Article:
There have been several, deeply worrying reports of underperforming athletes being punished
FOR North Korean athletes, the prospect of failure on the big stage carries a punishment far worse than a damaged ego.
Having failed to land a single medal in South Korea so far, its Winter Olympic team could suffer the same fate as previous underperforming athletes – imprisonment in one of the country’s sick gulags.
The most infamous case is that of the North Korean football team which made history for reaching the second round of the 1966 World Cup.
Former leader Kim Il-Sung is widely believed to have ordered them to be arrested after they lost to 5-3 Portugal days after they were seen drinking with local women in public.
Instead of going home to a proud welcome, the are reported to have been sent to one of the reclusive nation’s most notorious gulags.
North Korean defector Kang Chol-Hwan claims he met some of the team while they were being held in Yodok prison, or Camp 15, usually reserved for political prisoners.
In his tell-all book The Aquariums of Pyongyang, he asserts that footballer Pak Seung-Zin became infamous for his ability to endure torture.
Another inmate, dubbed “The Cockroach” after gobbling any insects he could find to fight off hunger pains, would often be thrown into a solitary chamber known as the “Sweatbox”.
While they are the best known case of the country’s harsh attitude towards “failure”, they are far from the only ones.
FIFA was forced to investigate claims another North Korean football team were “punished” after being thrashed 7-0 by Portugal at the 2010 World Cup.
Similar treatment awaited Olympic team who travelled to Rio 2016 and came back with just two gold medals.
“Those who won medals will be rewarded with better housing allocations, better rations… and maybe other gifts from the regime,” North Korea expert Toshimitsu Shigemura told the Telegraph.
He said athletes who “disappointed” the leader would likely be punished with a downgrade in housing, reduced rations and even “being sent to the coal mines”.
The damned may have included weightlifter Hyo Sim-Choe, a gold medal favourite who walked away with a mere silver.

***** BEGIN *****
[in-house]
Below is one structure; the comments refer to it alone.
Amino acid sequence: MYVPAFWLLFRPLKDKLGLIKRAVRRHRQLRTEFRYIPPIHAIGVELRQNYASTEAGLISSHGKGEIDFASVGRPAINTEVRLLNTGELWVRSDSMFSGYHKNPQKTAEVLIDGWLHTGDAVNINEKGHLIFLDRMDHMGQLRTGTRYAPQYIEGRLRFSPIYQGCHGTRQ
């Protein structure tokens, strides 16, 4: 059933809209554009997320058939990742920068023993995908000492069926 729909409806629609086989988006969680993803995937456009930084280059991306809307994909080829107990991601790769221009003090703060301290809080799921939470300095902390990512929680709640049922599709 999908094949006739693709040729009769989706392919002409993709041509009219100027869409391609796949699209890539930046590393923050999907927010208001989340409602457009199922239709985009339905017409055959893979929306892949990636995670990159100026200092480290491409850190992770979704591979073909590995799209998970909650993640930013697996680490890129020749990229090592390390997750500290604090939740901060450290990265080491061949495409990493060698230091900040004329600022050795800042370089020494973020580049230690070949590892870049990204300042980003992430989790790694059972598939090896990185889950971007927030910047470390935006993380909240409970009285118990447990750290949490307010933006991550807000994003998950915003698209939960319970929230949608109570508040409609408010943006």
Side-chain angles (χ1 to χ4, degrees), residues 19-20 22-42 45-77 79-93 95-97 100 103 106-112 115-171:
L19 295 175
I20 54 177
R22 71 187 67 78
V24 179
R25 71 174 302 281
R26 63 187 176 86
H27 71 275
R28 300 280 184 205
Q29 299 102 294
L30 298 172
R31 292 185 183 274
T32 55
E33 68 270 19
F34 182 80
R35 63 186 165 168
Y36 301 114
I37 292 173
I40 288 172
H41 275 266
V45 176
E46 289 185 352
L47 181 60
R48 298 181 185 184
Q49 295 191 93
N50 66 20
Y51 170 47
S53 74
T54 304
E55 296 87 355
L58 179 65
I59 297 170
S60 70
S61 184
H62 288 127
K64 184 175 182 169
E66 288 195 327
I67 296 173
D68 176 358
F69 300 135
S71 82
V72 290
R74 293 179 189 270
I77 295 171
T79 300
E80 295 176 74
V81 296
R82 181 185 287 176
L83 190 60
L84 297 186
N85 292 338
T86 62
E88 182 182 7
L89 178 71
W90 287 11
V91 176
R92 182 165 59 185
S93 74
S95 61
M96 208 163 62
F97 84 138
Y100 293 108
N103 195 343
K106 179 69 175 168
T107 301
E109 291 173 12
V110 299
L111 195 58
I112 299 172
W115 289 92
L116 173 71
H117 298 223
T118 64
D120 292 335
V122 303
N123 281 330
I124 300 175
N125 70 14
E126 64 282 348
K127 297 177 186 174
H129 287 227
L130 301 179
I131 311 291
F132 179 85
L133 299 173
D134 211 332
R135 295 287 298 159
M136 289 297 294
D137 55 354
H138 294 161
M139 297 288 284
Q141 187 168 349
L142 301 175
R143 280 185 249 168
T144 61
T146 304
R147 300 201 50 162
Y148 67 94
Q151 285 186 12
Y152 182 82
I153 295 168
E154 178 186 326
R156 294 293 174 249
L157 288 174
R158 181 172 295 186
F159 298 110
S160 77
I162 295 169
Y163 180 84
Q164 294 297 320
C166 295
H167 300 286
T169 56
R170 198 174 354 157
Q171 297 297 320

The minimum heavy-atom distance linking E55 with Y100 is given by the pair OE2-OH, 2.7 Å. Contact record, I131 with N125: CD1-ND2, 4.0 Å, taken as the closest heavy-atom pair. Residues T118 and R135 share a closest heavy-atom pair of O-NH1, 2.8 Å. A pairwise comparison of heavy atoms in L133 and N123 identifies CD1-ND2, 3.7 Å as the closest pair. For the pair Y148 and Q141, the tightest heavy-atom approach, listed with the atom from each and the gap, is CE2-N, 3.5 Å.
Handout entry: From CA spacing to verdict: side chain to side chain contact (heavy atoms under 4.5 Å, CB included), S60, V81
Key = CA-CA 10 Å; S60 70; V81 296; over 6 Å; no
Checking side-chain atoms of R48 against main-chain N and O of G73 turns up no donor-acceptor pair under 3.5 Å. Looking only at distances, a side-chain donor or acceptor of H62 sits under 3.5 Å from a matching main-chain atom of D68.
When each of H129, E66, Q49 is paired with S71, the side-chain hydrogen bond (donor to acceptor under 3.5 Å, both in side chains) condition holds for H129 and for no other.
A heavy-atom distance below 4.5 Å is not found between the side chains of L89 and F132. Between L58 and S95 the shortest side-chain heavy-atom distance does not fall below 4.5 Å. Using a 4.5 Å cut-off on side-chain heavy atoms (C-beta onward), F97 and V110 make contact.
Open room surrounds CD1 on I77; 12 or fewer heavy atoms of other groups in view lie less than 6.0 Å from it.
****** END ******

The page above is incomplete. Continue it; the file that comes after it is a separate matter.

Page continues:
Defector Kim Hyeong-Soo, who fled the country in 2009, said both athletes and coaches were punished to months of hard labour if they did not live up to expectations.
Kim Il-Sung established a series of secret prison camps in the 1950s to weed out his political enemies, a according to a UN report.
Inmates unfortunate enough to find themselves in these cruel camps, inspired by Joseph Stalin’s Soviet gulags, suffered years of unthinkable torture.
In fact the UN claims the majority of prisoners “have no prospect of ever being released” and escape is “virtually impossible”.
Stories from the few who have been released paint an apocalyptic picture of arbitrary punishments and summary executions, apparently conducted in front of inmates.
Former detainee Shin Dong-Hyuk’s says guards chopped off his middle finger because he dropped a sewing machine in Camp 14.
While in Camp 22, a guard was “rewarded” for bludgeoning a prisoner to death with a blowtorch because “he was not working fast enough”.
Macabre illustrations drawn by former inmates, and released by the United Nations, are the only real insight we have into the cruelty of these camps.
One shows prisoners being subjected to gruelling stress positions for hours on end while another shows an inmate locked in tiny cage, trying to capture a rat so he could eat something.
Prisoner Kenneth Bae was thrown into one of North Korea’s gulags after being accused of plotting to “destroy the regime”.
His 735 day stint saw him interrogated, starved and carrying out six to ten hours of hard labour a day.
With the Winter Olympics finishing next weekend and the tubby tyrants’ arch enemies the US and South Korea holding fifth and ninth place respectively athletes may be greeted with a similar fate.
The importance placed on the regime’s global esteem was seen last week when a Kim Jong-Un impersonator was dragged away for dancing in front of regime cheerleaders.
Just weeks ahead of the opening ceremony, the two Koreas agreed to field a combined team for the Games.